Meet Gertrude Ederle, the first woman to successfully swim across the English Channel. Born in 1905 and raised in New York City by two German immigrants, Gertrude’s life was nothing extraordinary. Her incredible feats of achievement came later, when she fell in love with swimming: her father taught her how to swim in their cottage in New Jersey, and by 1925 Gertrude held 29 records in her name. Despite her unparalleled athletic potential, Gertrude’s swimming career was muddled with limitations. As a woman, Gertrude was fighting the impossible fight; it was only in 1919 that female swimmers were allowed in the pool without their stockings (“as long as they quickly put on a robe once they got out of the water,” according to Gertrude’s biographyAmerica’s Girl). Gertrude persevered against the tides, going on to win one gold and two bronze medals at the Paris Olympics in 1924.
Even after all of this achievement, Gertrude had her sights set on the unprecedented: she wanted to swim across the English Channel, and she wanted to level the playing field against her male swimmer counterparts of the time. In August of 1925, Gertrude Ederle made her first attempt at crossing the English Channel. Gertrude’s swim was going well until her trainer ordered her rescue, claiming he thought she was drowning and required assistance. Later, Gertrude bitterly opposed his decision and chose a new trainer to attempt the English Channel a second time in 1926.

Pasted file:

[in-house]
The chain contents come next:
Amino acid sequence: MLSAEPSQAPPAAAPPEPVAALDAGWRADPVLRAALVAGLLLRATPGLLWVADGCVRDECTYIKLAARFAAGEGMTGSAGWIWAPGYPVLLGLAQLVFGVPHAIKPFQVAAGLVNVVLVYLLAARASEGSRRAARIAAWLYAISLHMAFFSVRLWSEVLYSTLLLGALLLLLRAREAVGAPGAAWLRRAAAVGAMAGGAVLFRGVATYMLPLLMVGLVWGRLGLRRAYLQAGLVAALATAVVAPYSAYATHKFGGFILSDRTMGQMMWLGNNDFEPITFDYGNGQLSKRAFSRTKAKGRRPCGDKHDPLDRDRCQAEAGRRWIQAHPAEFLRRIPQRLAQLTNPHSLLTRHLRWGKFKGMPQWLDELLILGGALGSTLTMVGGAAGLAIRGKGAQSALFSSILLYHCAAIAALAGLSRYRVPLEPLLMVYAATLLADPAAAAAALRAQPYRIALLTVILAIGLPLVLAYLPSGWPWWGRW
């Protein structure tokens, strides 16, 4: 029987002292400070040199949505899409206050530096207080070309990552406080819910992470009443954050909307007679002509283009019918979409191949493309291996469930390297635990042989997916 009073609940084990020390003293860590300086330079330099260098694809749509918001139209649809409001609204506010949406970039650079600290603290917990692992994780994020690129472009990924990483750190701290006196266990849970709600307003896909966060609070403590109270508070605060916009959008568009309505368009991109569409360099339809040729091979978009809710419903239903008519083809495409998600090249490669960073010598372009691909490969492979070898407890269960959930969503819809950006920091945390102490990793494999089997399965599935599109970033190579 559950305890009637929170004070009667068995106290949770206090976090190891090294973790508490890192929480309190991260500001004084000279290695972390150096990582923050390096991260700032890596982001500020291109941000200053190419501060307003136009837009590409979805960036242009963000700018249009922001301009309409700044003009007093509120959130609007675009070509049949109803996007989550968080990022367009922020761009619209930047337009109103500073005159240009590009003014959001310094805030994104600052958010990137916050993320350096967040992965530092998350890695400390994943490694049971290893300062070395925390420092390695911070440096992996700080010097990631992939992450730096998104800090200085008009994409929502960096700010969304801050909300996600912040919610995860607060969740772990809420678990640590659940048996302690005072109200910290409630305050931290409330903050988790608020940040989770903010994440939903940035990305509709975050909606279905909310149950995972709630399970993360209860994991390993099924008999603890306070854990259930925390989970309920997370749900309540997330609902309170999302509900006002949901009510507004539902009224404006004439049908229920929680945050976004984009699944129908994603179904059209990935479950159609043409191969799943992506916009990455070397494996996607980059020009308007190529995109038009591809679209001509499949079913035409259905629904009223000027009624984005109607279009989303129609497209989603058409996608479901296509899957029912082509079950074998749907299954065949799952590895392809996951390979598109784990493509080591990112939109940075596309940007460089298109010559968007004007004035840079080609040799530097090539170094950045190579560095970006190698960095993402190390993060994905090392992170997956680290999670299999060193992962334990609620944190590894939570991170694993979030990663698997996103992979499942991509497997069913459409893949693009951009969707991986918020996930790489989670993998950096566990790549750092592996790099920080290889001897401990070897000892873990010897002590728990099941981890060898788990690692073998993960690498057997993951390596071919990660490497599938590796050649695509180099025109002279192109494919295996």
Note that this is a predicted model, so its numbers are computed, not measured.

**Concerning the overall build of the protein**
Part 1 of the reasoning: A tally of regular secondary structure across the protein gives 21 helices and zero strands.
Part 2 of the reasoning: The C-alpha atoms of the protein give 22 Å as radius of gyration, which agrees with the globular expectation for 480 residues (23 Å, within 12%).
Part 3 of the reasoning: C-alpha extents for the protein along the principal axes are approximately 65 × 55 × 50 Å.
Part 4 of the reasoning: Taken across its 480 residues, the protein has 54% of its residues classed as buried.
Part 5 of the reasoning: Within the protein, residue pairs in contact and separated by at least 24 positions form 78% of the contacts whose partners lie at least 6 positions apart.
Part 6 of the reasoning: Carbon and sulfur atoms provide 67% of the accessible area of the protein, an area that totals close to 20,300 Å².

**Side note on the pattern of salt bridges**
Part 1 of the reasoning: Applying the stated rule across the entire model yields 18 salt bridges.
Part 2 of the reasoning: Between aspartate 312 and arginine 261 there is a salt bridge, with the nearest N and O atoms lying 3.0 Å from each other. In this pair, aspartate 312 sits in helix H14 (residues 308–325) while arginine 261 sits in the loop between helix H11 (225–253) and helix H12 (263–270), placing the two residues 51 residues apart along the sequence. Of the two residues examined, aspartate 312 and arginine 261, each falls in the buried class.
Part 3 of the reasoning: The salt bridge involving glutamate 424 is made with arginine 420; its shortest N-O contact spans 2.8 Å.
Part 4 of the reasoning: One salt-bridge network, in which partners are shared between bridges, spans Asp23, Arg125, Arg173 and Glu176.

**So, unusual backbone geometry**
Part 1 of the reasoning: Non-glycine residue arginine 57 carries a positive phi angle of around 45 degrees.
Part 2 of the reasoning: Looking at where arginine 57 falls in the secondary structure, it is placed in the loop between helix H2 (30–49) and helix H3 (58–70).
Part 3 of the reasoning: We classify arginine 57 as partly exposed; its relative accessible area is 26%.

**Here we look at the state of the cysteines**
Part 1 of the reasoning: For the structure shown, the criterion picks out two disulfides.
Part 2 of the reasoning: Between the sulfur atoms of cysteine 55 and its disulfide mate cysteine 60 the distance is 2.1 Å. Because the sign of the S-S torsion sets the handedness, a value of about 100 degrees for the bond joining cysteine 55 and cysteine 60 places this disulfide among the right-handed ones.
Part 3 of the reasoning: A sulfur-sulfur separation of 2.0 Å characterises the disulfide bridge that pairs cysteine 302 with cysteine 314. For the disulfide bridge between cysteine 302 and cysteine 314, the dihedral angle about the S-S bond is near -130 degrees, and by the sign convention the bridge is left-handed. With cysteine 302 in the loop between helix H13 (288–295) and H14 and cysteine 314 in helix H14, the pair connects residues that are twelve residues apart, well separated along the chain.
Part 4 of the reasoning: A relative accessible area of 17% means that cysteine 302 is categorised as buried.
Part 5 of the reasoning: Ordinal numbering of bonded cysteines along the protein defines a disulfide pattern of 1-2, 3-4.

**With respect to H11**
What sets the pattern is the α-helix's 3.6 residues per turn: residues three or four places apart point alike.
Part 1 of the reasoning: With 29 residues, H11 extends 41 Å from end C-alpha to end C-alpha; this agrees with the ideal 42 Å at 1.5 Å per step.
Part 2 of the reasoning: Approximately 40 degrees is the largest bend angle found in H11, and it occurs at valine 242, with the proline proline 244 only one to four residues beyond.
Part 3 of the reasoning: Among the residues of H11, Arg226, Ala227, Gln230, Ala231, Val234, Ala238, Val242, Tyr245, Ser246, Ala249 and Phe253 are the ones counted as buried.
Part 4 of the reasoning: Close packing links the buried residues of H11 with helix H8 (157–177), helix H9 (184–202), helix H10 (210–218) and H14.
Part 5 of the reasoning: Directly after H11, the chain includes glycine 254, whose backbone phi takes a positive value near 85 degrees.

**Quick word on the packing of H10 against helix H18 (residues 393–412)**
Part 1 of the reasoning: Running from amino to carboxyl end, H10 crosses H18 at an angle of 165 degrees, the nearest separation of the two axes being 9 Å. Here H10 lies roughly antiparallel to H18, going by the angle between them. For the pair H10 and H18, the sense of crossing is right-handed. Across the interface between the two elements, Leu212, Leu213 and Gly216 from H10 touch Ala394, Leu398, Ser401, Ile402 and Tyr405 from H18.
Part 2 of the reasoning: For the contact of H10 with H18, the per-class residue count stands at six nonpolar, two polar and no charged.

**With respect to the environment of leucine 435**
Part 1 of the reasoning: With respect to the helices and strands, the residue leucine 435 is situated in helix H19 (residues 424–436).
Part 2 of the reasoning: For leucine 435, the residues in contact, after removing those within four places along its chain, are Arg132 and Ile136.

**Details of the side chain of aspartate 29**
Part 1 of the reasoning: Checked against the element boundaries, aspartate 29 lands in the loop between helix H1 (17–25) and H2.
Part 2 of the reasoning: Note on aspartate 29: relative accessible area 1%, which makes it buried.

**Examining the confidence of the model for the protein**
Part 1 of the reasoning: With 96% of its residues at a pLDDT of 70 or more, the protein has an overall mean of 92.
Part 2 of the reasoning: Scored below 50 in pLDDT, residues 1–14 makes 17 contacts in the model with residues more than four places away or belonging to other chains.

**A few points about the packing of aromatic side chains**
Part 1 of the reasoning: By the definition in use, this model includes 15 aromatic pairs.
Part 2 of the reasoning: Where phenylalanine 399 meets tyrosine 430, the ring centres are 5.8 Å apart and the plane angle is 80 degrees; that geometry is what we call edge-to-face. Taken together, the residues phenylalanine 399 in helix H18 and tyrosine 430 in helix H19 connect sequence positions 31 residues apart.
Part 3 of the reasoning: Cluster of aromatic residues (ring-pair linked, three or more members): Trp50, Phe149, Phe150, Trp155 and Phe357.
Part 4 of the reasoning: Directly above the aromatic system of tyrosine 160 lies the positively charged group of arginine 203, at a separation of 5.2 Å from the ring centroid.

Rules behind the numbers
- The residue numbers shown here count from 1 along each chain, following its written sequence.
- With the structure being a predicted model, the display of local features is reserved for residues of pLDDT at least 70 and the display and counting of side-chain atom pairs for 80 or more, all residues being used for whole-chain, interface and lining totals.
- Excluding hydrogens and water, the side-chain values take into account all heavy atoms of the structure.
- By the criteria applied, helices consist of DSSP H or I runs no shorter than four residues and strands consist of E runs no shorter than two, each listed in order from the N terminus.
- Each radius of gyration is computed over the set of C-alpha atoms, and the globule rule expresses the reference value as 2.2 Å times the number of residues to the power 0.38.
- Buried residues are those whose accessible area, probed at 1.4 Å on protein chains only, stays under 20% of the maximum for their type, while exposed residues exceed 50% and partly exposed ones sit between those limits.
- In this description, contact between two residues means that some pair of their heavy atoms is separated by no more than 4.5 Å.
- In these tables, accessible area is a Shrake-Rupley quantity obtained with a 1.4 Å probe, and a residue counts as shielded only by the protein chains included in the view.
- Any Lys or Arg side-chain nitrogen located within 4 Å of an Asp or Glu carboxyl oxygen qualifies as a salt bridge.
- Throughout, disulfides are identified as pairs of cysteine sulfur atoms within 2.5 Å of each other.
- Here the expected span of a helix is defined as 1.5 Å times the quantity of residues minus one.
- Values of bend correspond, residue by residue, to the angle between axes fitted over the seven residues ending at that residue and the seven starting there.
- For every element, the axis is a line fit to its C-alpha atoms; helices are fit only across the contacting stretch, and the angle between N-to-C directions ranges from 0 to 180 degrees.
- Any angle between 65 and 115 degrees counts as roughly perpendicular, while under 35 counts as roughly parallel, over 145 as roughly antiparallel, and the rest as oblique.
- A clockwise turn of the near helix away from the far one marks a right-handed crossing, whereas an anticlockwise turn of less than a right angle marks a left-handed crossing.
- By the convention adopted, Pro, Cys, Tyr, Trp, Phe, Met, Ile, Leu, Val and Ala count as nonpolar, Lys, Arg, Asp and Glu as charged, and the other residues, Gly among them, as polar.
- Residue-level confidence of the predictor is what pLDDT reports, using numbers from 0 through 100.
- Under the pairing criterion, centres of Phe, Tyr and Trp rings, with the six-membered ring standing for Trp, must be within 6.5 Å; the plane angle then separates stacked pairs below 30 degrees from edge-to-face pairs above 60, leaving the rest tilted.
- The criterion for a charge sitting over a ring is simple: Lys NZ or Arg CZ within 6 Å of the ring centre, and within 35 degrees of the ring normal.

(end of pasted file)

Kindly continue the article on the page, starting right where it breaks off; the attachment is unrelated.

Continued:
This time, Gertrude came fully prepared: equipped with a revolutionary “two-piece” that she fashioned herself to help mitigate the tides, a coat of lanolin to protect herself from jellyfish and chilling temperatures, and motorcycle goggles, Gertrude swam away from the shores of France determined to make history. Five men successfully swam across the English Channel before Gertrude came along, the fastest time hovering around sixteen and a half hours. Gertrude dragged herself to shore in Kingstown, England only fourteen hours and thirty-four minutes after she set out. She crushed history with the grace and resolve of a monarch, earning her nickname “Queen of the Waves.”
Gertrude swam against the current, against gender normalities of the 1920s, and against every person in Europe and America who gawked at her strength and capability in the face of nature. Her swim inspired four women to swim the English Channel directly after her, ultimately inspiring a movement of gender-equality and strength in the water.
Gertrude completed the swim in 14 hours and 31 minutes, but her legacy still lingers almost 100 years later. Her bravery and resiliency makes us wonder, what tide are we swimming against? Where is our courage being employed? For some, it’s just a swimsuit, but for Gertrude Ederle it was the difference between failure and shattering the glass ceiling. The lessons from her story are countless, but we’re focusing on her strength, tenacity, and refusal to admit defeat. And Gertrude proves what we suspected all along — at the end of the day, maybe all you really need to succeed is the right swimsuit.